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Hoffmann, R. A wiki for the life sciences where authorship matters. Nature Genetics (2008)

Neuronal cell death in Wernicke's encephalopathy: pathophysiologic mechanisms and implications for PET imaging.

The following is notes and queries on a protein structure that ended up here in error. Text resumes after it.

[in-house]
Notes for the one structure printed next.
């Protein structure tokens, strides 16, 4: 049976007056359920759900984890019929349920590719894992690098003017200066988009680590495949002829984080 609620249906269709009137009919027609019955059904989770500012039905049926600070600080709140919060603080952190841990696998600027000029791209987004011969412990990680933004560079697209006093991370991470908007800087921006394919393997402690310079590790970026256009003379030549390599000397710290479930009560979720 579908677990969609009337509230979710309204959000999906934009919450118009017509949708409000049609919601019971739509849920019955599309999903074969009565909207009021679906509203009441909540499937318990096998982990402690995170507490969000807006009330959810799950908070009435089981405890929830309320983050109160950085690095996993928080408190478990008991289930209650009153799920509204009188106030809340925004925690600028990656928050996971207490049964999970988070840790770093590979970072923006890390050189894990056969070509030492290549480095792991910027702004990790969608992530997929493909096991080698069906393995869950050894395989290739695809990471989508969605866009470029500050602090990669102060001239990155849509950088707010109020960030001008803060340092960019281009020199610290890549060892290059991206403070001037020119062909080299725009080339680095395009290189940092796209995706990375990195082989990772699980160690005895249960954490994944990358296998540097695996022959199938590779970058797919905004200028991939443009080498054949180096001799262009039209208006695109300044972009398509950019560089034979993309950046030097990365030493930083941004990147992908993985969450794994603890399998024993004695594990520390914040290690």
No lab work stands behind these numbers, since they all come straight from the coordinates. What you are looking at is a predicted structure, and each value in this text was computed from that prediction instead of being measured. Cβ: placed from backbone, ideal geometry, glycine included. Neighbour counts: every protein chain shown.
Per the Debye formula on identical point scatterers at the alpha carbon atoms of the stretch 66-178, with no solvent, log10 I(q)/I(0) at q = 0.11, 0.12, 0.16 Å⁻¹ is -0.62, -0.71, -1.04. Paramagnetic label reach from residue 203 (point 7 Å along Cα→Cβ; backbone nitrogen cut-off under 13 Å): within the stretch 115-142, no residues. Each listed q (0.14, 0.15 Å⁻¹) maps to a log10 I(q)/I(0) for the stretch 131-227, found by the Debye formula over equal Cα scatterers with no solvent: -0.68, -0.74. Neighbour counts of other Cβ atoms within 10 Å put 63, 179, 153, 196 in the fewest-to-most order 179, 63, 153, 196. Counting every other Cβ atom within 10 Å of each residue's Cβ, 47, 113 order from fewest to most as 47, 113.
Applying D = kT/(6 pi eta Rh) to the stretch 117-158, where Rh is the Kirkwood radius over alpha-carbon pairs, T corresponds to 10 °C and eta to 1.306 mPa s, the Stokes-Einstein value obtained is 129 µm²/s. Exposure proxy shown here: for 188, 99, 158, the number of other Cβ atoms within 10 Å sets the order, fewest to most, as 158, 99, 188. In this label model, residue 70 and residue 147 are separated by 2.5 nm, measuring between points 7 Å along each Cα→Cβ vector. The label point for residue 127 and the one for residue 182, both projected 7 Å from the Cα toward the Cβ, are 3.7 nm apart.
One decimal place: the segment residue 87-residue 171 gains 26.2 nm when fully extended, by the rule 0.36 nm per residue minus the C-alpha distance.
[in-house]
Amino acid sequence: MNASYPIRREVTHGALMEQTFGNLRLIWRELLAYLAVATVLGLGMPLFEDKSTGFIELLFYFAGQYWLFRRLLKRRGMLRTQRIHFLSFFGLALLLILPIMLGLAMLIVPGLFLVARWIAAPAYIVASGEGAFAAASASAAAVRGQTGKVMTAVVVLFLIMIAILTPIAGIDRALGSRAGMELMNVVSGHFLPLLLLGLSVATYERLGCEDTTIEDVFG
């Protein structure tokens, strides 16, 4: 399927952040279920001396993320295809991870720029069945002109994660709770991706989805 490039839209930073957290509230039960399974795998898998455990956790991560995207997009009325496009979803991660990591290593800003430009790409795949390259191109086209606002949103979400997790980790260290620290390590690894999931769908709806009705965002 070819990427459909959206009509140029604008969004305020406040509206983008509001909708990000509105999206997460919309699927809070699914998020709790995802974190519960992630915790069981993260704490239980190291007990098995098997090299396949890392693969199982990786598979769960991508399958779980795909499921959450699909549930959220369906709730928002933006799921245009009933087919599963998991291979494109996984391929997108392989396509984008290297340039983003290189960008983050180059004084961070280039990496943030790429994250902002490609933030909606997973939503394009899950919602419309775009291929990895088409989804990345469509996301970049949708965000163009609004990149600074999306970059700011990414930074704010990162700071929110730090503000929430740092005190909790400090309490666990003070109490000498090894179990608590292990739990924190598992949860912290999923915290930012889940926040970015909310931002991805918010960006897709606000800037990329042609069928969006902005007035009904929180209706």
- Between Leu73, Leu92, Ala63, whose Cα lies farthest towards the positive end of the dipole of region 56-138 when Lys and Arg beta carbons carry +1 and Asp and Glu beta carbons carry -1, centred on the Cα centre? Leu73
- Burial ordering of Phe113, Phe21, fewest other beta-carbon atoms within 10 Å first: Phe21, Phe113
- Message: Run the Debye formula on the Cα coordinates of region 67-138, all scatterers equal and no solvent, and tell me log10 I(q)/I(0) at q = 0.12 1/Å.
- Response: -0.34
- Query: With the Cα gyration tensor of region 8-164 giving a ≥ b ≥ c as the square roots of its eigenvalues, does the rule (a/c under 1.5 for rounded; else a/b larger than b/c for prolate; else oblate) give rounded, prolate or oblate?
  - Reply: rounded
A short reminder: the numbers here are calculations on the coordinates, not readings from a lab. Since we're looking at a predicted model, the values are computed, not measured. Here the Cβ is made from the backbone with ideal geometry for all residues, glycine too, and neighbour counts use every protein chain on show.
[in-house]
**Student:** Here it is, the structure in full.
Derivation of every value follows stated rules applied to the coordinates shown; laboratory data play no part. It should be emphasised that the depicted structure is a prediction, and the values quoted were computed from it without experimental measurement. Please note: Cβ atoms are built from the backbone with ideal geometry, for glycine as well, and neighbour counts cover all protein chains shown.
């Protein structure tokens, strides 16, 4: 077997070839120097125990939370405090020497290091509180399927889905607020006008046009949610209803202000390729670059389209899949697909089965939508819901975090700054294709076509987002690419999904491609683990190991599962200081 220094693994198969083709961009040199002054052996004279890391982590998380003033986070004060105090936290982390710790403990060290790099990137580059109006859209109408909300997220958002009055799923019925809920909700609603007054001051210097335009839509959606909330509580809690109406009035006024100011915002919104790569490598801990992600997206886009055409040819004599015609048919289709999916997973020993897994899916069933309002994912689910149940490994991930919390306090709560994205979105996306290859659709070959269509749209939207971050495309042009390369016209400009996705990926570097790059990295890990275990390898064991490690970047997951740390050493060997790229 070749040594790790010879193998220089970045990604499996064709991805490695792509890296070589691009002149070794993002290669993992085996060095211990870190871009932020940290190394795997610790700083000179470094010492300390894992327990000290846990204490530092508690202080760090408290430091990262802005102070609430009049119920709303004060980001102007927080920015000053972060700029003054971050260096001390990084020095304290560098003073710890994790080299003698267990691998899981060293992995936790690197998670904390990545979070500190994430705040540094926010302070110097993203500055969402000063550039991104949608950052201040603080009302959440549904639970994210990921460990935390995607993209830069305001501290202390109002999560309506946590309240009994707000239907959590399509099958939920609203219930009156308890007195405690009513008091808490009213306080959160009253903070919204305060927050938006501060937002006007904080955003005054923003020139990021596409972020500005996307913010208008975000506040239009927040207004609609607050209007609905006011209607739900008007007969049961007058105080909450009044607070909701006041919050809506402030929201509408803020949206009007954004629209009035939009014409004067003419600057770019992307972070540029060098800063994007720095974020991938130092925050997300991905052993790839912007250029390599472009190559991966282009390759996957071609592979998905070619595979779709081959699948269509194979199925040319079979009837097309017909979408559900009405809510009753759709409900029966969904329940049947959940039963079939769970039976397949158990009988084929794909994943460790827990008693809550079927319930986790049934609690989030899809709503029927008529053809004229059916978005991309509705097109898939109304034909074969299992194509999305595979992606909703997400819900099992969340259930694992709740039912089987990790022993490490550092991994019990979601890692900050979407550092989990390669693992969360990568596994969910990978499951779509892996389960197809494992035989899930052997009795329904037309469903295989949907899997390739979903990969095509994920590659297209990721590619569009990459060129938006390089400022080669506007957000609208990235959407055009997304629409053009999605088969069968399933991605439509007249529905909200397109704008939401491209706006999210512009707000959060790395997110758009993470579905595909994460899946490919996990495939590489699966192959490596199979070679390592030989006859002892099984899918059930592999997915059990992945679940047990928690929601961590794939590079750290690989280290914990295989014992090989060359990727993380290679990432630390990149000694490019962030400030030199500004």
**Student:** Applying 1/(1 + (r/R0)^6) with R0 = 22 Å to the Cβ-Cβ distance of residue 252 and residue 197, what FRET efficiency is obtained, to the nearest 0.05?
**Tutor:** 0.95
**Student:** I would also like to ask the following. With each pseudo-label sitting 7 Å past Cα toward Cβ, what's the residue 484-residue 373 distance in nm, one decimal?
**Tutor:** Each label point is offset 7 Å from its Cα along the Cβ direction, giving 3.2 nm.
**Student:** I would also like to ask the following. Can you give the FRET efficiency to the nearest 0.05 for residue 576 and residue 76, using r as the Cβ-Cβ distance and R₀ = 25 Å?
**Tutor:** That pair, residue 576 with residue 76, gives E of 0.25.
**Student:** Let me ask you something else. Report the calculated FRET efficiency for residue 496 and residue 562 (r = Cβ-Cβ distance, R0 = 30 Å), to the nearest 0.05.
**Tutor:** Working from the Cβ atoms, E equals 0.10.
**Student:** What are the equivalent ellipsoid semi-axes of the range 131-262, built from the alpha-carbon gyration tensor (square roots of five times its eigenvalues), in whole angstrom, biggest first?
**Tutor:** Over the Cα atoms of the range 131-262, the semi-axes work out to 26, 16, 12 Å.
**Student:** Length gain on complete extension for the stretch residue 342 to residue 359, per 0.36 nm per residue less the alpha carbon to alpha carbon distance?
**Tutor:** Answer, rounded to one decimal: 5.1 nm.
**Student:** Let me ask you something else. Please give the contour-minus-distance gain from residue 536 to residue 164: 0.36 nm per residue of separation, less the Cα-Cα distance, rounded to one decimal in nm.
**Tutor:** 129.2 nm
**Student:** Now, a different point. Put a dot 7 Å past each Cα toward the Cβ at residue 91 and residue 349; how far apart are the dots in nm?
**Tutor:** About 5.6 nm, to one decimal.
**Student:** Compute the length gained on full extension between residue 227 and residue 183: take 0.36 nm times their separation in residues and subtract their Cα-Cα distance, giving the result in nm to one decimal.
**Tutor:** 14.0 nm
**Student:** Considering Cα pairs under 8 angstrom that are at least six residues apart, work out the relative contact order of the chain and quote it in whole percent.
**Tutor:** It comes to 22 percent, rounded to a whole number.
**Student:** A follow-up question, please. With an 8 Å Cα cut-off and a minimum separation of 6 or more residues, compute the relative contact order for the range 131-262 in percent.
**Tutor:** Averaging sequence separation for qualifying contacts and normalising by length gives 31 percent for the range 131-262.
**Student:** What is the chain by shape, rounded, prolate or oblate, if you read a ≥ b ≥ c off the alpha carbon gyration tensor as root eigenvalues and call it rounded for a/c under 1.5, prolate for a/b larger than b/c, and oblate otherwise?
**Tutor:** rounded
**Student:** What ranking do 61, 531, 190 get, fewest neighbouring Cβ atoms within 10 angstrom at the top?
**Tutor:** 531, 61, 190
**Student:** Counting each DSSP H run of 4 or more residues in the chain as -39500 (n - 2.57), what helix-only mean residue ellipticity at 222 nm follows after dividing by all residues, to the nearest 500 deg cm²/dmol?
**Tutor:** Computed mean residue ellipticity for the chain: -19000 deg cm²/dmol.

Thiamine deficiency in humans is associated with Wernicke's encephalopathy (WE) which is characterized neuropathologically by neuronal loss in selective brain regions. Pyrithiamine-induced thiamine-deficiency in the rat results in lesions which are similar in nature and distribution to those seen in human WE. Several mechanisms have been implicated in the pathogenesis of neuronal loss in thiamine deficiency including, (i) impaired cerebral energy metabolism, (ii) focal lactic acidosis, (iii) NMDA-receptor mediated excitotoxicity and (iv) blood-brain barrier breakdown. WE is difficult to diagnose during life and a large number of cases are missed by routine clinical neurological evaluation. Recently, non-invasive diagnostic procedures such as CT and MRI have been used for the evaluation of acute and chronic WE. Autoradiographic studies reveal that increased densities of binding sites for the astrocytic ligand 3H-PK11195 closely parallel the topographic distribution of reactive gliosis and neuronal loss in selective brain regions of pyrithiamine-induced thiamine-deficient rats. In contrast, binding sites for the neuronal ligand 3H-Ro15-1788 show poor regional correlation with neuronal loss in thiamine deficiency. Both of these ligands are available, and have been used in PET assessment of various disorders in humans. The results of autoradiographic studies suggest that 11C-PK11195 may offer a useful PET ligand for the assessment of brain damage in WE in humans.[1]


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